By Robert Horton Herald Movie Critic
Being an artist in Iran has been a tricky business for a long time; one assumes that since the fraudulent elections last year and the riots that followed, it is even trickier.
For the brilliant filmmaker Jafar Panahi, these troubled times have resulted in jail — he has been held by authorities since the beginning of March, first without a stated reason but eventually accused of making a seditious film within the walls of his house.
(Panahi’s films are overtly critical of the Iranian regime, and have often been banned there: Check out “The Circle” and “Offside,” especially, for their blunt appraisal of the status of women in Iran.)
For Kurdish-Iranian Bahman Ghobadi, whose films include “Turtles Can Fly” and “Time for Drunken Horses,” a recent movie might clinch the issue of whether he can return to Iran, where he could very well be arrested too.
Ghobadi’s “No One Knows About Persian Cats” doesn’t seem on the surface like a criminal act: It’s really just a tribute to some exciting young bands in an urban location.
But this loosely dramatized look at the Tehran music scene has nevertheless caused trouble for Ghobadi. Although the film is quite agreeable in a shaggy way, it deals with people who are directly confronting the question of whether there is any future in Iran for them.
That question must have been on Ghobadi’s mind as he furtively made the movie. He’s in the opening sequence, as himself, singing in a music studio as an engineer explains that he’s not allowed to make movies anymore.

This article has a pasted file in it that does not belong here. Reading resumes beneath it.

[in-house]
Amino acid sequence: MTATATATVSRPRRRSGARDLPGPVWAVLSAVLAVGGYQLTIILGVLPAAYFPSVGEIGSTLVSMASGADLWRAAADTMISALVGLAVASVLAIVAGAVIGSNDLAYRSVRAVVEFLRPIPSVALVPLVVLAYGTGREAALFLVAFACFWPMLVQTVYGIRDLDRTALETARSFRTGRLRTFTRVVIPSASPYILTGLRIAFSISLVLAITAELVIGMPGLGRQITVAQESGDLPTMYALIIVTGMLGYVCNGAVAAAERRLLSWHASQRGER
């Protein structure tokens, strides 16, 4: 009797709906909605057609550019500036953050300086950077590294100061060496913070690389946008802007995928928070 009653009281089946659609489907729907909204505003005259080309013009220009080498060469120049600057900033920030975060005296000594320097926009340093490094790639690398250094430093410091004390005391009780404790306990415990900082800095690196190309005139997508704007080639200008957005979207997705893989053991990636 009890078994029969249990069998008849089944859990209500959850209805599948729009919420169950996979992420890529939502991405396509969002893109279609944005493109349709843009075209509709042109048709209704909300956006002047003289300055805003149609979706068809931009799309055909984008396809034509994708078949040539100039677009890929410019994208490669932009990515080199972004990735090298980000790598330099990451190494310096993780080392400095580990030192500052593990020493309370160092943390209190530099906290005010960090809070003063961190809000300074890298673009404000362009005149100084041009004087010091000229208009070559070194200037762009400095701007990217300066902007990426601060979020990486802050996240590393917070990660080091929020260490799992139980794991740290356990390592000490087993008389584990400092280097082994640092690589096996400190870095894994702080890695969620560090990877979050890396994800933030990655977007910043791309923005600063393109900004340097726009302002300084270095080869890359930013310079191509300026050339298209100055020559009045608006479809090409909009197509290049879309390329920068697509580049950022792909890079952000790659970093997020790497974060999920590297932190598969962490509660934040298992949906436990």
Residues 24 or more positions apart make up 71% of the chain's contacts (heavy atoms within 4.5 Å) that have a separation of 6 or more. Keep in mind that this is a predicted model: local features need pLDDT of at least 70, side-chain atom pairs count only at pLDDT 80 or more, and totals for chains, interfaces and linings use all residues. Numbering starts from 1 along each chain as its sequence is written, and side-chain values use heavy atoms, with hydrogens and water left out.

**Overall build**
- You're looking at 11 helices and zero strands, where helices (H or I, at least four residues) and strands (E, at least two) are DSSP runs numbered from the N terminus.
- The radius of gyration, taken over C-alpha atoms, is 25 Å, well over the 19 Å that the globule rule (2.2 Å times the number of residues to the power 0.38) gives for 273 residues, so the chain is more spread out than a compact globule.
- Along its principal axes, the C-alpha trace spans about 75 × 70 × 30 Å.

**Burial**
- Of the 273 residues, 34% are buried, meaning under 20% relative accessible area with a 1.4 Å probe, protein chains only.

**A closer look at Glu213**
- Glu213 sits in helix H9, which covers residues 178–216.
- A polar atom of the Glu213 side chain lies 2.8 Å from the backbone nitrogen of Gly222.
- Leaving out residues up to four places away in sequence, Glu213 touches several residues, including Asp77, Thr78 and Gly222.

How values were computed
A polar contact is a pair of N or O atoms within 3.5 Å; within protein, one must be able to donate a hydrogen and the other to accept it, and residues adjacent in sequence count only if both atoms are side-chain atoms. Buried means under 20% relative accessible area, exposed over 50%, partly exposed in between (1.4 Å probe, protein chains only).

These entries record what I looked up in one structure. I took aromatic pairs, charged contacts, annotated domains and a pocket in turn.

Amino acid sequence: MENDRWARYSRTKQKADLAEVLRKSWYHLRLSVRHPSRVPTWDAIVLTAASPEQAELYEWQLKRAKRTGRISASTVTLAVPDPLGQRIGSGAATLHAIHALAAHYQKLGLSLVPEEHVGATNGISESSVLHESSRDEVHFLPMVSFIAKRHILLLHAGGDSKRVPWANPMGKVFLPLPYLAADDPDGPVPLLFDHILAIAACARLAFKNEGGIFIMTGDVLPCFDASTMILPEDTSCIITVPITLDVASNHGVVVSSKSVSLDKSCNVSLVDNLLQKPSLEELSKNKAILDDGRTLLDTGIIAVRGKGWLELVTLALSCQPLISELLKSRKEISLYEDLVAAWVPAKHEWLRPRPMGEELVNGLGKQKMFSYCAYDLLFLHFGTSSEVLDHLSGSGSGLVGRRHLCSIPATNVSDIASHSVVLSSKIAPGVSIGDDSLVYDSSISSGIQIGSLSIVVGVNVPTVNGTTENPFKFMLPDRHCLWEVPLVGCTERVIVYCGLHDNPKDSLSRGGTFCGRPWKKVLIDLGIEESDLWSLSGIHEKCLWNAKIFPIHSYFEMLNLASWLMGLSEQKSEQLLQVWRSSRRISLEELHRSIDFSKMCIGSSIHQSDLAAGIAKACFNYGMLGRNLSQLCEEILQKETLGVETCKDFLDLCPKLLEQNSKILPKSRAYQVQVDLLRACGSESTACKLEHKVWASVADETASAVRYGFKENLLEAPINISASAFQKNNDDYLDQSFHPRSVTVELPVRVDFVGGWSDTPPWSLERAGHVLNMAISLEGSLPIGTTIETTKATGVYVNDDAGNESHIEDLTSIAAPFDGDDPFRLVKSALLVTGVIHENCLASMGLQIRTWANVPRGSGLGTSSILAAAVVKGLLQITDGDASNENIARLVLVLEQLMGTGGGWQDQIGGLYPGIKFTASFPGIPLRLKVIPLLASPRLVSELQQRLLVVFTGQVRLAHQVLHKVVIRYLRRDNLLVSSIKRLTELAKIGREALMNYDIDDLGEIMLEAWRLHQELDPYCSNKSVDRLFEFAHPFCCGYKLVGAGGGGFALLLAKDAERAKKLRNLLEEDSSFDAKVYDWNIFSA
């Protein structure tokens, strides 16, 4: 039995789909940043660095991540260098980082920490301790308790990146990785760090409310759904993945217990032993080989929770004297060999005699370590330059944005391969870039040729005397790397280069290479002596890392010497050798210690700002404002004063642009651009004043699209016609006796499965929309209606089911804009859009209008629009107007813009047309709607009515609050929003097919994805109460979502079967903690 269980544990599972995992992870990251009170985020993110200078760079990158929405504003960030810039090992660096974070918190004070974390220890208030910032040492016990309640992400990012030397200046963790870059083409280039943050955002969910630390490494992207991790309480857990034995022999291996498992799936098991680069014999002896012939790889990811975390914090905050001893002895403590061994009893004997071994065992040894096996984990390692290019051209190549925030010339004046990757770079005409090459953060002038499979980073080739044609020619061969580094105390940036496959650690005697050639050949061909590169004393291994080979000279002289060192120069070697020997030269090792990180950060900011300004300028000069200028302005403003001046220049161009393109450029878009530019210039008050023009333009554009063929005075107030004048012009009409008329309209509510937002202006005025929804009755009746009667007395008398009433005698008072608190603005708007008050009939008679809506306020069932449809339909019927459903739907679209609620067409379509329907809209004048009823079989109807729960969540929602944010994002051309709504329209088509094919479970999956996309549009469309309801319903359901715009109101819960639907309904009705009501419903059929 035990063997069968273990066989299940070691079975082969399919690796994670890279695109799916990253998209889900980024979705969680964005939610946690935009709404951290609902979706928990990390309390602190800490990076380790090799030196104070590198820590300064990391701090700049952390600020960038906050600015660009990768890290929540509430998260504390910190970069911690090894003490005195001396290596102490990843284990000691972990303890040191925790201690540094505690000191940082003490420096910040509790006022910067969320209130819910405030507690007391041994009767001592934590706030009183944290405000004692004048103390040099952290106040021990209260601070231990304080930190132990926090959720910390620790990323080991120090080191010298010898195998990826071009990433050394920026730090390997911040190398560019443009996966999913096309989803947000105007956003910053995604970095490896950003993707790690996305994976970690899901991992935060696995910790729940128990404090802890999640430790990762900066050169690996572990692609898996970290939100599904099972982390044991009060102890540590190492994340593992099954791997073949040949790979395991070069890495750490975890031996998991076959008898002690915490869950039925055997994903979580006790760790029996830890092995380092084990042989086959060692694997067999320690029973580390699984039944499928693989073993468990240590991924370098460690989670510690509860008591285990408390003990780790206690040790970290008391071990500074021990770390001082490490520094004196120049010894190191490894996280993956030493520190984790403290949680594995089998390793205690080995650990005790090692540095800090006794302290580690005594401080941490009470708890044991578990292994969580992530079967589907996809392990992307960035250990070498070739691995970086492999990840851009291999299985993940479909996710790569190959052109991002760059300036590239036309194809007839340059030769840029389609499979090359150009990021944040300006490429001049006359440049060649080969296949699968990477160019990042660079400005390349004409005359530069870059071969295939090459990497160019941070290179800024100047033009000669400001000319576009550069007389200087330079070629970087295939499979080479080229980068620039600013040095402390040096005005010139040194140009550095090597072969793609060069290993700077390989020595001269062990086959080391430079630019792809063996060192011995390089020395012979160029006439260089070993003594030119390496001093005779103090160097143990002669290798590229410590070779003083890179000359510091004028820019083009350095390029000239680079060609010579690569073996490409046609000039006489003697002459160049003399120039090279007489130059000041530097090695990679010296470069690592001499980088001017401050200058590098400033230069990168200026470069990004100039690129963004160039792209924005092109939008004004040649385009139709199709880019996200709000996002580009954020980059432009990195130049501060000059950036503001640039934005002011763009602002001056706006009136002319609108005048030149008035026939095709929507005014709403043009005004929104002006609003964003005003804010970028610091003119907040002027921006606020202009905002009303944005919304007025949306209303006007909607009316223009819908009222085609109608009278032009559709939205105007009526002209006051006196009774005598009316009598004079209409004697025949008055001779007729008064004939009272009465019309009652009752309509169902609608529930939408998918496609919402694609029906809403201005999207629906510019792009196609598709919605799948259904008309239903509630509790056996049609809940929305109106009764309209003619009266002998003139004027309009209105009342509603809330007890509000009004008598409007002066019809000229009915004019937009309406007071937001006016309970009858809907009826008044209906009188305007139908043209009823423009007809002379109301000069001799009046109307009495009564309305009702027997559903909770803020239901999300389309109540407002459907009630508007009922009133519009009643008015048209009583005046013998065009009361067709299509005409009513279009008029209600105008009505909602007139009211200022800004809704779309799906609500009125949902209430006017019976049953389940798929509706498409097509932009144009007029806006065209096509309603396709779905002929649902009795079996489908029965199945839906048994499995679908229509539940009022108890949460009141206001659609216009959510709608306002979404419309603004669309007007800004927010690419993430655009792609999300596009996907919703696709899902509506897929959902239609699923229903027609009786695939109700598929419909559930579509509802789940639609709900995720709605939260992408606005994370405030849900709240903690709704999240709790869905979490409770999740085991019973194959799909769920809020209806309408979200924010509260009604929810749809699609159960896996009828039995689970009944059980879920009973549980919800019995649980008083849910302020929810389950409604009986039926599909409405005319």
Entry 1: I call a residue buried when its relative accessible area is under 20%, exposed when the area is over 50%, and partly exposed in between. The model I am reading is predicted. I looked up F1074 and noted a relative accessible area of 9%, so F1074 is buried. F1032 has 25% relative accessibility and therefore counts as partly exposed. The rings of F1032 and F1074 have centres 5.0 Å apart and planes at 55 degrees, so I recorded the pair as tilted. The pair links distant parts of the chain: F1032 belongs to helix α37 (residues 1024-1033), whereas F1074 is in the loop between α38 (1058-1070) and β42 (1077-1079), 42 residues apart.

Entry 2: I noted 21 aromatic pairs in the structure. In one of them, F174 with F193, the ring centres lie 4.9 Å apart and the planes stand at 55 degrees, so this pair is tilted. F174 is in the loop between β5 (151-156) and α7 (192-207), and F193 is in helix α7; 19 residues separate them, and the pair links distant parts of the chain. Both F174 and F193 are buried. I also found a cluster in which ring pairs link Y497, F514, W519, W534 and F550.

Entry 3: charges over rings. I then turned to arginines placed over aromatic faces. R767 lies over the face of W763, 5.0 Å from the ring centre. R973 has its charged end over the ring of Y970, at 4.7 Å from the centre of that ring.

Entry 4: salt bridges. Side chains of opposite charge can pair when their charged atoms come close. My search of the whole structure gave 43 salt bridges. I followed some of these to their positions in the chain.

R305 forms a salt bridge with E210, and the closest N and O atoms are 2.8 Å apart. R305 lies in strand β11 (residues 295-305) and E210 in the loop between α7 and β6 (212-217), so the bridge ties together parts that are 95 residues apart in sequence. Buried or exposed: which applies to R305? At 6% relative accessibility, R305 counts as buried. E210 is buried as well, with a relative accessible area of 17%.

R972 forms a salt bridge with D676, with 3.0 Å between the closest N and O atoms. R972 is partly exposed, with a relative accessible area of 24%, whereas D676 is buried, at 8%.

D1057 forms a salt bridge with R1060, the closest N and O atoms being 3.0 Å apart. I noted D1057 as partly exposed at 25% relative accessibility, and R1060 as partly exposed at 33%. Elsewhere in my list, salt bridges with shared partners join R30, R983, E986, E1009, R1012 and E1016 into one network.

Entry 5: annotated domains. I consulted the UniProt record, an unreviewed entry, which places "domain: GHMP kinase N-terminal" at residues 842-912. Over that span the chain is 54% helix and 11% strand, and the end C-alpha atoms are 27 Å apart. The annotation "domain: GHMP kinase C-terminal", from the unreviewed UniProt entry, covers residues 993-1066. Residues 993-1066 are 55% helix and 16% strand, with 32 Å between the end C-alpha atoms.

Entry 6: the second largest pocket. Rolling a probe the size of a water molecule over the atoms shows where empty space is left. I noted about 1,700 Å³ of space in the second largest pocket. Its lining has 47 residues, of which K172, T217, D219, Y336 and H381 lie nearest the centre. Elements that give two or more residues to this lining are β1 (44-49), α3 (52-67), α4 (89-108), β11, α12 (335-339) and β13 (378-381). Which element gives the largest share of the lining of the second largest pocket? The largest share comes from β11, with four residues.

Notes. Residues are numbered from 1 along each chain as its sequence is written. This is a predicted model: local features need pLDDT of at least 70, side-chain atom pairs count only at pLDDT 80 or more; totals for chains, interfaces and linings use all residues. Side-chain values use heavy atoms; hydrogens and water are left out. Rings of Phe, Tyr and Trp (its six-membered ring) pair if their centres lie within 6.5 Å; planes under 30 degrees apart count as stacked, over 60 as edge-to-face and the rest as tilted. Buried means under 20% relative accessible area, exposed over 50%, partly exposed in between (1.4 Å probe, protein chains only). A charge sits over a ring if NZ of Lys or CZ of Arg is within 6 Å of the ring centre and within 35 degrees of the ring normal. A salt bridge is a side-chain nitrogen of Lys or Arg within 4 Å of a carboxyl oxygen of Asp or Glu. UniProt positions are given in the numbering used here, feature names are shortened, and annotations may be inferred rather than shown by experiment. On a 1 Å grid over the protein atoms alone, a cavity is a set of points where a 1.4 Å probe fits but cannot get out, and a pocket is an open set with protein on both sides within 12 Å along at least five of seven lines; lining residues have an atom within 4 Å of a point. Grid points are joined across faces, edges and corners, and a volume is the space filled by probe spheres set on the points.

For most of the film, we follow two young musicians, Negar Shaghaghi and Ashkan Koshanejad, who play themselves, or versions of themselves. They have a few days to try to put together money, a band and false passports, so that they might play a few gigs in Europe.
This thin plot allows Ghobadi to look through Tehran’s underground, where musicians play on the sly and forgers hustle up false papers. In other words, this is more than a music film, but it does have performances by a string of spirited people.
In this case, it’s not the content of the songs that could cause problems — it’s the idea of public music performance itself. No wonder the people in the film come across as fugitives.
“No One Knows” has a rough, unfinished quality, which suits the subject. In real life, Negar and Ashkan actually have ended up exiled from Iran, having remained in England after accepting an offer to play a concert there.
Ghobadi was forced out of Iran last year. His words in a recent interview are haunting: “It’s not very easy in countries like mine to have filmmakers. Once we have them, we cannot afford to lose them.”
“No One Knows About Persian Cats” ½
A raw, street-level film from director Bahman Ghobadi, about the thriving underground music scene in Tehran (where musicians can be arrested for performing). The movie’s got an unfinished quality, but the world it captures feels urgent and authentic. In Farsi, with English subtitles.
Rated: Not rated; probably PG for subject matter